This is the Wordpress Quick Start Guide for our clients to go through once we’ve completed their website. It serves as an introduction to WordPress and its basic elements like the Media Library, covering uploading images and documents and moving onto Editing Pages/Posts with some additional topics on quick edit, bulk edit, managing comments, post statuses and custom post types.
Although WordPress didn’t initially start off as a CMS but a blog platform, it has evolved over time into a very easy to use CMS system to build stunning websites. There are thousands of professional developers that spend hundreds of hours developing plugins and themes to add functionalities to the basic installation.
WordPress has a very easy to use Media Library. Images can be uploaded to the Media Library directly, attached to posts as Featured Images and uploaded directly into the content area (see instructions below).
Before uploading images, there are a few points to consider.
Most digital or professional cameras take images between 8-20 MegaPixels per image. Websites can only display images up to a maximum of 1-2 Megapixels, some newer Mac displays and TVs capable of displaying 4K (8 Megapixels).
In the table below are some typical sizes you should use when you resize images.
After uploading, you can change the attachment details for each image in a pop-up dialog. You can change the:
You can upload documents, although WordPress doesn’t have a built-in system to manage and download Documents like PDF, Powerpoint, Spreadsheets, etc. We recommend the DOWNLOAD MONITOR Plugin, which manages files like posts, and allows you to have versioning, download tracking and has many extensions.
In WordPress, you can easily edit pages or posts and the interface looks basically the same, so we will cover POSTS below.
We’ve also created a short video to explain WordPress Post and Page Editing.
In the post listing view, you can click the QUICK EDIT link to edit the title, slug, date, author, password, categories and tags and also the post status easily and quickly, without having to load the complete EDIT screen.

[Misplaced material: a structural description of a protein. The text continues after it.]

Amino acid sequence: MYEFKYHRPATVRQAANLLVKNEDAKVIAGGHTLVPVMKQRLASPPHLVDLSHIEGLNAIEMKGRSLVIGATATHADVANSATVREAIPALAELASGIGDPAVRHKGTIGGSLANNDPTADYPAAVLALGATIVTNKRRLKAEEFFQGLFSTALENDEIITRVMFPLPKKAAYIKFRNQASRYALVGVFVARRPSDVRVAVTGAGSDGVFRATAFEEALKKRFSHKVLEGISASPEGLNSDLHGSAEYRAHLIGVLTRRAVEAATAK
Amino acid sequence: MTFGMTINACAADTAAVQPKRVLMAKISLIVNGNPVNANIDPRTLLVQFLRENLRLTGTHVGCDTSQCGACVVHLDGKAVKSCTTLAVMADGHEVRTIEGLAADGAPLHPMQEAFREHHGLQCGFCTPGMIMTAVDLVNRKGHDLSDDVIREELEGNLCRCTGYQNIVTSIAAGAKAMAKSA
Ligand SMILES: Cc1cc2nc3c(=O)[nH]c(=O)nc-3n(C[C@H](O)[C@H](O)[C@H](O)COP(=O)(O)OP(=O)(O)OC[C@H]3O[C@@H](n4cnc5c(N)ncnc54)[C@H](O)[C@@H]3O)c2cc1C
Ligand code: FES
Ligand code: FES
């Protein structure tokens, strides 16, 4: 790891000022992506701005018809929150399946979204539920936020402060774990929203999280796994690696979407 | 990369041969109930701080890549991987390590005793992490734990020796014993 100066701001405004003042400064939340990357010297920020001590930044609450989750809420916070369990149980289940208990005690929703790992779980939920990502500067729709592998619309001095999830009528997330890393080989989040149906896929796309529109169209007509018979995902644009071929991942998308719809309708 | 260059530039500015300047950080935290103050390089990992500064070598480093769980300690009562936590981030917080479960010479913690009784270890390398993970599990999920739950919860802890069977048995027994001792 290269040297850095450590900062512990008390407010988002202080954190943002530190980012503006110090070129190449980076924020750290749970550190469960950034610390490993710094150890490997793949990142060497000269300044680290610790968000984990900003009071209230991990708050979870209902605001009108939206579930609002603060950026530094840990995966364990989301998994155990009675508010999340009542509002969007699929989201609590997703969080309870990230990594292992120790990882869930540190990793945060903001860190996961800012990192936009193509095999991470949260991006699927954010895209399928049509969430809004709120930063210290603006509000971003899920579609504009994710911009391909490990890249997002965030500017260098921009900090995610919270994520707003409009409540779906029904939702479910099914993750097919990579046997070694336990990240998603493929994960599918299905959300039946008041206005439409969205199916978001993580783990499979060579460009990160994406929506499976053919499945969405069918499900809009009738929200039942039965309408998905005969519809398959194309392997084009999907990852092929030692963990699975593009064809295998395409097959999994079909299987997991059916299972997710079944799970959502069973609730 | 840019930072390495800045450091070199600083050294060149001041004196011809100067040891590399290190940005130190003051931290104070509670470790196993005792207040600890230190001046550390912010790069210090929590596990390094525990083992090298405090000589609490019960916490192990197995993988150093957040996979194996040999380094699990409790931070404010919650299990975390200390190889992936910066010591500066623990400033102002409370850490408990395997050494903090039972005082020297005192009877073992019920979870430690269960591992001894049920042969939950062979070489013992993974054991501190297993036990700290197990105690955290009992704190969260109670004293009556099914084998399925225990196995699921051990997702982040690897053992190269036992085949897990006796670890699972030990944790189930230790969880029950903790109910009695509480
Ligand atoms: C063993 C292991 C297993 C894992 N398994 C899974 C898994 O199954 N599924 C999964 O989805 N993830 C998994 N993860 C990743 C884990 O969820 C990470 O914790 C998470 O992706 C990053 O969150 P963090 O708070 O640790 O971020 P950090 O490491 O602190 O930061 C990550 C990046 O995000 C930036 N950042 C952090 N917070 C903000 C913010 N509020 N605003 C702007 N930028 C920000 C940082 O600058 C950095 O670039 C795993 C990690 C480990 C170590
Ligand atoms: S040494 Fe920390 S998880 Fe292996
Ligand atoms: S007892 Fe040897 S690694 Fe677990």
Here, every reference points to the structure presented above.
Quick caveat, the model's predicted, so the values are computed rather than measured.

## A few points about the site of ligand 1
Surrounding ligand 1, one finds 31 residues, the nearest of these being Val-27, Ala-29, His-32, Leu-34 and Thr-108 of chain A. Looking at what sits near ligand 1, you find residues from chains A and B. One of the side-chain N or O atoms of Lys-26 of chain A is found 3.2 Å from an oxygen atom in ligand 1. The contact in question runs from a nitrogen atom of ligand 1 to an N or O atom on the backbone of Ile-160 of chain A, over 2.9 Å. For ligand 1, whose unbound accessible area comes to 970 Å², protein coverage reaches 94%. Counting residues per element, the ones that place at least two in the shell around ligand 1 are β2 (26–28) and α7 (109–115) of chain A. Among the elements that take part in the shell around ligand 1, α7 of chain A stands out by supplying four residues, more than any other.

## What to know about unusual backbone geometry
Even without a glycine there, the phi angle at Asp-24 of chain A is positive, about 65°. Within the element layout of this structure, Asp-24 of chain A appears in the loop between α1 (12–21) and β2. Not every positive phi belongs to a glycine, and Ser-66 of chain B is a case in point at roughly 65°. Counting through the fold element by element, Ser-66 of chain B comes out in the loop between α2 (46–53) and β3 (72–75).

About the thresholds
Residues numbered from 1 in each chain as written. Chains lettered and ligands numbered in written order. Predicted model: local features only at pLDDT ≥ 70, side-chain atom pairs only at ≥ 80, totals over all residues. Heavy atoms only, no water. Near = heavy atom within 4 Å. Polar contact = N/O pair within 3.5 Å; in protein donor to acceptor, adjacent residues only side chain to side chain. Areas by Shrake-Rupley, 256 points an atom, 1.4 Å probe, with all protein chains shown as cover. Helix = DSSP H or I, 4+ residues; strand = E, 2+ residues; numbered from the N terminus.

Once you are comfortable you can also quick edit multiple items by first selecting all the post checkboxes and then going to the top menu and choosing EDIT from the BULK ACTIONS drop down. In this window you will only be able to edit certain items that you can override, so only things like post status, categories, tags, etc.
Normally on pages, posts and other custom post types, you can access revisions using the link in the publish meta box section. However if you wish to see a more detailed list of revisions, you can enable the revisions metabox using the SCREEN OPTIONS slide down panel at the top of the edit screen. Ensure REVISIONS is checked. Both these links will take you to the a screen where you can view past revisions using a sliders and restore a specific version.
Typically on posts, users can add comments in WordPress. You can manage your comments in the special comments area. There you will find the comments as a list and you can interact with them by clicking on the correct link function that appears when you hover over the comment, e.g.
Once you have deleted a post, it is simply moved to the TRASH folder, e.g. the post status changes. You can also restore deleted posts from the trash folder to recover accidental deletions.
If you are working on a new post, it will be DRAFT status, if you want to make it pending for another person to review (like a colleague) you can change the status to PENDING review. You can also make a post PRIVATE, which only visible to logged in users and PASSWORD PROTECTED, which will require the password you have to enter in the subsequent field below that. Also, you can make a post SCHEDULED for the future so it only becomes published at a certain date.
Reserved for blog posts only, there is an additional status to make a post STICKY so it appears at the top of the list of posts, therefore useful for announcements or specials.
To make it more visible, we also created the Post State Tags plugin installed and use it on all our websites (see screenshot). This allows you to easily spot the various post statuses, with coloured backgrounds and tags + mini-icons.
In every installation of WordPress, we also install the very useful Archived Post Status plugin, for cases when you want to keep a post or page layout for future reference, but not delete it yet, by flagging it with the ARCHIVED status.
Some additional plugins might install custom post types which can manage specific post types like portfolio items, events, download files, or contact forms. Most of these work very similar to posts, so the same or very similar screens will appear for editing and saving.
Thank You. We hope this web guide will assist you in a basic understanding of the WordPress CMS, MEDIA LIBRARY and PAGE/POST editing functions.